Newsflash! United States has fallen out of love with space

Obama meets suviving Apollo II crewIt was just a few weeks’ ago that we were celebrating the 45th anniversary of the first moon landing in the Oval Office.

But according to the latest evidence, Americans have fallen out of love with space missions and that’s a terrible indictment on our thirst to further explore the boundaries of our tiny universe.

An 18-month enquiry by the National Research Council (NRC) has concluded that the project to put a man on Mars to be “unsafe, underfunded and doomed to fail” in its current form.

A real kick in the pants for NASA that must feel like it’s on the longest and loneliest spacewalk mission in history.

Apparently Americans were always ambivalent about reaching for the stars, claims Matthew Tribbe, author of a new book, No Requiem for the Space Age. The first moon landing sparked a surge of enthusiasm, not just in the US but around the world and I watched transfixed on our black and white TV set as a young boy here in the UK.

But the public appetite for adventure on such a scale evaporated just as fast as it had begun. A year after Neil Armstrong stepped on the moon, newspapers in New York and Philadelphia found that large majorities had forgotten his name, while most Americans thought his mission wasn’t worth the money.

Buzz AldrinA combative NASA boss, Thomas Paine, conceived that NASA was caught in what he called a culture war in which his boffins were champions of conservative America.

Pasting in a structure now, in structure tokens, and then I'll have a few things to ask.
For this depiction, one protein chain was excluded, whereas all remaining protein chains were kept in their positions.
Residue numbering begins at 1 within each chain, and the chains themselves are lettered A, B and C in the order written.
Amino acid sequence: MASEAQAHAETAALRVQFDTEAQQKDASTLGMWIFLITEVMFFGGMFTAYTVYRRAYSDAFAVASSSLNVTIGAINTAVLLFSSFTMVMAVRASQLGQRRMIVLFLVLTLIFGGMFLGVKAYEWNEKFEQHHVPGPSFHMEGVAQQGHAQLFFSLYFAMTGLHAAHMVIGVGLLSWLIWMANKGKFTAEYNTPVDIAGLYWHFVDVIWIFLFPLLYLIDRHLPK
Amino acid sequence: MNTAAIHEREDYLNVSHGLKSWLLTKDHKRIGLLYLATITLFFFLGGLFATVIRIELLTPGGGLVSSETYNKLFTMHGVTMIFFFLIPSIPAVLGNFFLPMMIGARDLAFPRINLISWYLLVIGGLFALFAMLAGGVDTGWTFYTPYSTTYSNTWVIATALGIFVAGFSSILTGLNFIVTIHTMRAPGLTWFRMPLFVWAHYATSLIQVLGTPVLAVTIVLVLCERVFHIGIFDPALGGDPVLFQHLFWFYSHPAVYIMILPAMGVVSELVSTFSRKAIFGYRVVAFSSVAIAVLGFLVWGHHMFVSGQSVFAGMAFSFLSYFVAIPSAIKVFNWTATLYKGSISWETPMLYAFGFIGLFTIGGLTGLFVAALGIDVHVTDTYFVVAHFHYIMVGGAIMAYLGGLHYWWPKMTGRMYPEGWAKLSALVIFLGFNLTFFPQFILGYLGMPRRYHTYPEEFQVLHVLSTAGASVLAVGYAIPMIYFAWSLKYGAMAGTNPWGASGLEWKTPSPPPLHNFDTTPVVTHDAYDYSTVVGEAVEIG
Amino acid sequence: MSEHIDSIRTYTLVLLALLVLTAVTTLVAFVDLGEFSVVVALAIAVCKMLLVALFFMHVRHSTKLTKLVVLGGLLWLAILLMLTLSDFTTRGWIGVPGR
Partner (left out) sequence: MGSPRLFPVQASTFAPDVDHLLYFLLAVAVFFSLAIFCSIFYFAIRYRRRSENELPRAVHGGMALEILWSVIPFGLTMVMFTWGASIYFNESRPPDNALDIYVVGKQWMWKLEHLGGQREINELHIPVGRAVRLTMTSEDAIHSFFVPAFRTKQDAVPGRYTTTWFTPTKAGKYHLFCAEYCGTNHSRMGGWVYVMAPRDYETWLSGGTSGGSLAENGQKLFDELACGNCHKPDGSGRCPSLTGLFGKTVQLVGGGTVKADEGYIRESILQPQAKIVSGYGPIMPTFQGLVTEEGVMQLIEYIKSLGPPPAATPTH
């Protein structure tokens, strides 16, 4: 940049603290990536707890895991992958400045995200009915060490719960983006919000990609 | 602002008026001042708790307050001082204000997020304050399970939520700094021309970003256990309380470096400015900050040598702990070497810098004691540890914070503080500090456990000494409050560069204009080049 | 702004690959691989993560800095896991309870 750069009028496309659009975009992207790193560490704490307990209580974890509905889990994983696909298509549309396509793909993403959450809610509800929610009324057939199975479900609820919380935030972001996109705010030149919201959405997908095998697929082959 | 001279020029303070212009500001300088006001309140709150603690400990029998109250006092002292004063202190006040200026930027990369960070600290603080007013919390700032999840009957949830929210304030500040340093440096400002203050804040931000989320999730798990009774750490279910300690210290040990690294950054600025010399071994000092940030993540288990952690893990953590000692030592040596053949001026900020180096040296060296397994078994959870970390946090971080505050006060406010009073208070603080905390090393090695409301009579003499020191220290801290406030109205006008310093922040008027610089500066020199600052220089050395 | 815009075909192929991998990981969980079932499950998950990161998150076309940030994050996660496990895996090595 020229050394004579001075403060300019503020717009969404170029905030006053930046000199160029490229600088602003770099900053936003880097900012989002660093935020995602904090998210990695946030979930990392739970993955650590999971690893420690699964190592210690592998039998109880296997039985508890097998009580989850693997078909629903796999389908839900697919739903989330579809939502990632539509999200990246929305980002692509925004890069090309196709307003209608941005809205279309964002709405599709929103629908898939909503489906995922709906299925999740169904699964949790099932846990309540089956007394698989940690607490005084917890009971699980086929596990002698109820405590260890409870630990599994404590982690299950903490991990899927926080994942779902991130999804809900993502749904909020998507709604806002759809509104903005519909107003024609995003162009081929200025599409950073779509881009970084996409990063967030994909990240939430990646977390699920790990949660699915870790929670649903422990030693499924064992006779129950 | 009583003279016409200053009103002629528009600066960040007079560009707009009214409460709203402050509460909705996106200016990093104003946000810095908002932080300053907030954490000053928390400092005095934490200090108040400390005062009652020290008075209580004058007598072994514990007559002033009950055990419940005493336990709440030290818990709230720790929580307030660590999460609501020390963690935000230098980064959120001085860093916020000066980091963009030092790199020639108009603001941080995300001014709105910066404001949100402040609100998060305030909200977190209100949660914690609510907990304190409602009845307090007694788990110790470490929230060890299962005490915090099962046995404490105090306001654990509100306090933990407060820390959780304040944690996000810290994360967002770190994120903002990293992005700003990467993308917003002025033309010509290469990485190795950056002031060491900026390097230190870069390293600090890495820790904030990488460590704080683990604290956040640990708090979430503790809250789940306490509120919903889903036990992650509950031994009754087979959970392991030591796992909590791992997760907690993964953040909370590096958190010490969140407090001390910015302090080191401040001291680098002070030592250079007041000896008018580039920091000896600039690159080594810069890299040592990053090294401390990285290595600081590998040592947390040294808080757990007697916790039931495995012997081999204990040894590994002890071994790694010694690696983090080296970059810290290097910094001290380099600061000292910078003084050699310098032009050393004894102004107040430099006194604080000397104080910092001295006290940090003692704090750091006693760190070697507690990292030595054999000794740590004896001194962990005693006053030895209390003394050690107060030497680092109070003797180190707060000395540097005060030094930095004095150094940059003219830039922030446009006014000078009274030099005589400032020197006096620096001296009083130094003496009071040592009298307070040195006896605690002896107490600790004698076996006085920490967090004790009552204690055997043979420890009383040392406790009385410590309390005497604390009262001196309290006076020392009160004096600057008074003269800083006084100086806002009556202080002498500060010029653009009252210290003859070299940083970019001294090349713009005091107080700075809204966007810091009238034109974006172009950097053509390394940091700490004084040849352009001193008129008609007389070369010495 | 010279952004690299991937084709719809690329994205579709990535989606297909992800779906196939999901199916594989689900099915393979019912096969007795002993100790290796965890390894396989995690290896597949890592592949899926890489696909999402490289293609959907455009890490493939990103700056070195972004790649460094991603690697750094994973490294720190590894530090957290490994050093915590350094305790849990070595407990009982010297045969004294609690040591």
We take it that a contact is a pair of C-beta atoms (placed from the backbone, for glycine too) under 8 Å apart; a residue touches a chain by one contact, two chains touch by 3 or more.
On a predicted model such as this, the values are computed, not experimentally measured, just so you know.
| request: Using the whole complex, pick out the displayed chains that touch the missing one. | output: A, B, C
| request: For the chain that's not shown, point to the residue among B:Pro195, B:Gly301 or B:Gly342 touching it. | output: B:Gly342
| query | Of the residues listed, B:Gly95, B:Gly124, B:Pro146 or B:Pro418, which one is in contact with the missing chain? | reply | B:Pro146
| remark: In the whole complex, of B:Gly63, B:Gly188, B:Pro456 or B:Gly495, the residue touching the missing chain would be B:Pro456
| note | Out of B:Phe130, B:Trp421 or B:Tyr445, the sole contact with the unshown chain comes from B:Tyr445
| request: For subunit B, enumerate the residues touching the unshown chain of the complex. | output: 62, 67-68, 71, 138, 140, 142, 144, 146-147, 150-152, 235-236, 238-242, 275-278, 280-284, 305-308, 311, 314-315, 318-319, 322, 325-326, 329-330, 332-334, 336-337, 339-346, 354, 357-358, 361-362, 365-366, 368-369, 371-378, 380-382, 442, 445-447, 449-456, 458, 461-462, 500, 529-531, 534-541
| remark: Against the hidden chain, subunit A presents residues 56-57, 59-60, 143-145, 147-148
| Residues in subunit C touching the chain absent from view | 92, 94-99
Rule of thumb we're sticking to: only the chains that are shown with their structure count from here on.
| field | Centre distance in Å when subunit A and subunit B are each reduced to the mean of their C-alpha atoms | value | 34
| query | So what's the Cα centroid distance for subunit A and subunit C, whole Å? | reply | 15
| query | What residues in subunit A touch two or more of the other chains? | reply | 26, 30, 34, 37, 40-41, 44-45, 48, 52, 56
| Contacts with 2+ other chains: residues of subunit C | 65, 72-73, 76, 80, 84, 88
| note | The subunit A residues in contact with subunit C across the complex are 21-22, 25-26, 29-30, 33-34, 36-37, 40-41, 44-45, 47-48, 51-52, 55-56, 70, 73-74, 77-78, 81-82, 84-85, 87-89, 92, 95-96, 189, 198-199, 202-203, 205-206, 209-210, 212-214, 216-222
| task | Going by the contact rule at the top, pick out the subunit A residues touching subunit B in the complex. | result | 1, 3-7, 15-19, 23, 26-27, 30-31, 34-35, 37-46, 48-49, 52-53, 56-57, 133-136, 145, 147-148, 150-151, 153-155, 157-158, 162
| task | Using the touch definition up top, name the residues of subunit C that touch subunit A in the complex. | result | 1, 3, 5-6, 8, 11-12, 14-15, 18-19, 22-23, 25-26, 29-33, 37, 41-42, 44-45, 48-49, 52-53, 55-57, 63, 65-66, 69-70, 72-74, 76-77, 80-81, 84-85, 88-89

He called the Apollo missions a battle between “Squareland” and “Potland” where Squareland was outward-looking and rational. Its inhabitants knew how to make crops yield, save children from polio and send men to the moon. Potland, on the other hand, was a place infested with “sex and drug-abused leftists, radicals and primitivists” that would never see the point of putting a man on the moon.

But he turned out to be wrong on both counts. The public had become wary of scientists making bold claims for the advancement of the human race and never seeing any of these gains and those on the right of the political spectrum had grown tired of the Vietnam War and sought a greater degree of individualism, giving rise to popular subjects such as transcendental meditation, introspection, and even reincarnation.

Today’s polls suggest that more Americans know Armstrong’s name than they did back in 1970—his exploits are taught at school, and celebrated in such works as “The Right Stuff”, a hit book and film. The moon landings are popularly remembered as a bright spot in a bleak period. But that involves selectively remembering the past.

The NRC’s report on NASA and the Mars mission comes to a striking conclusion about why Americans still fly into space at all. It’s not because the public strongly wants them to. Instead, US astronauts fly so they don’t become extinct and leave it to other nations to boldly go where no man has gone before.



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